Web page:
Health Hack with @amysfitnessandnutrition
It’s the never-ending debate in the nutritional world. So many people are recommending a high fat ketogenic diet, whilst nutritional labels still proclaim to be ‘low fat’, subconsciously cautioning that eating too much is a bad thing.
This health hack was inspired by a lovely client, who told me a bootcamp challenge she had started included a plan that proclaimed, ‘if you eat fat, you are fat’. I’ll bite my tongue and we won’t get started on how helpful or not that statement is…let’s just look at some of the facts.
So, where to begin? Is fat good or bad?
In 2003 a group of researchers embarked on a study where they tested 3 dietary theories to reduce cardiovascular disease. The first was the Mediterranean diet with 1 litre of extra virgin olive oil a week (lots of fat), the second was a Mediterranean diet with 210g of nuts each week (also a lot of fat), the third group was asked to follow a ‘low fat’ diet (still packed with fruits and veggies).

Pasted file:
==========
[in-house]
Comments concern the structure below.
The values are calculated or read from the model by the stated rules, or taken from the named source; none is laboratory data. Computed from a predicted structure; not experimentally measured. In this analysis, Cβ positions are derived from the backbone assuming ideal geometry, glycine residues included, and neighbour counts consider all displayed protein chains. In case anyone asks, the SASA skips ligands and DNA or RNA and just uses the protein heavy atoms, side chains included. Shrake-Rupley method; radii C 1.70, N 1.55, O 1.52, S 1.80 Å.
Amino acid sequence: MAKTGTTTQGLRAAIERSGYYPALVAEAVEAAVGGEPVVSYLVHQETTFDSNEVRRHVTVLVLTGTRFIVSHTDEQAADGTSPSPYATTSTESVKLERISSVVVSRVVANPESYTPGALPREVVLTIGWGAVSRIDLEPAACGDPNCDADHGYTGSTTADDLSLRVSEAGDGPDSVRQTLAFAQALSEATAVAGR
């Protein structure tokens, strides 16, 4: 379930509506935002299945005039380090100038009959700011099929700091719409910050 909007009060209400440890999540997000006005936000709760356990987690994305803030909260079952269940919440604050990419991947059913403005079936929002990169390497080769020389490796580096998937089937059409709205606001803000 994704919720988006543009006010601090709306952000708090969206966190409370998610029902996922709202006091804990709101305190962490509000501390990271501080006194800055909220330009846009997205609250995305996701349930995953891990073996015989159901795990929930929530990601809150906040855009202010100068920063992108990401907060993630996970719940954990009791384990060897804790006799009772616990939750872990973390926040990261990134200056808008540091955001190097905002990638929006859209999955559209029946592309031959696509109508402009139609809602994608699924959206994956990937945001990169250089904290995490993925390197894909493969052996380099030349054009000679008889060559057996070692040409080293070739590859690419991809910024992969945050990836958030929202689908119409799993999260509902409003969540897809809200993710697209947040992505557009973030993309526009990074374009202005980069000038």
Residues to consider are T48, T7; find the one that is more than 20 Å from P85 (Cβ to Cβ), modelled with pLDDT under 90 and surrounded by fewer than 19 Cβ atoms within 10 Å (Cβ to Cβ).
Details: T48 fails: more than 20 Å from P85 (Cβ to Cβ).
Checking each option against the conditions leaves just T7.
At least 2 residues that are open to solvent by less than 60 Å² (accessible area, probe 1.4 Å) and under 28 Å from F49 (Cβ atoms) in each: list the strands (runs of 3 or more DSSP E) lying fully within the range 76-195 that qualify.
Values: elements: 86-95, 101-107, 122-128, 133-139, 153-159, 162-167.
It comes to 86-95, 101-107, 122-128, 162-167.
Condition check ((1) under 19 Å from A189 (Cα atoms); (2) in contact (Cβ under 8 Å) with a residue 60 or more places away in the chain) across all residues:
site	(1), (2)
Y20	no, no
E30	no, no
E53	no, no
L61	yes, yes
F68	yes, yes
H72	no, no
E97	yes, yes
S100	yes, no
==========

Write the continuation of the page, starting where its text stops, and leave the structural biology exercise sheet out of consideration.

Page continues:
In 2013, 10 years after the study began, it was stopped. They had to ensure no harm came to the patients. Whilst the group following the higher fat Mediterranean diets lost weight, reduced their risk of heart attacks, stroke, memory loss, diabetes, breast cancer, high cholesterol and high blood pressure (wow), the group following the low-fat diet experienced 30% higher risk of heart attacks.
The real smoking gun?
Our sugar intake over the last few decades has increased exponentially. The average kiwi consumes about 22kg of sugar every year (and in my experience with clients around 35-45 teaspoons a day). All while a high sugar diet has been linked to diabetes, obesity, heart disease, dementia and liver disease. Should we look here instead of at fat maybe?
If you’re reading this hoping for a quick fix – sugar pre-disposes you to store fat around your abdomen (our beer belly, spare tyre…six pack warmer - insert affectionate pet name of choice). It will likely grow with sugar intake and could be reduced by increasing your healthy fat intake. Particularly from natural sources like olive oil.
Time to change your thinking when it comes to fat? Maybe.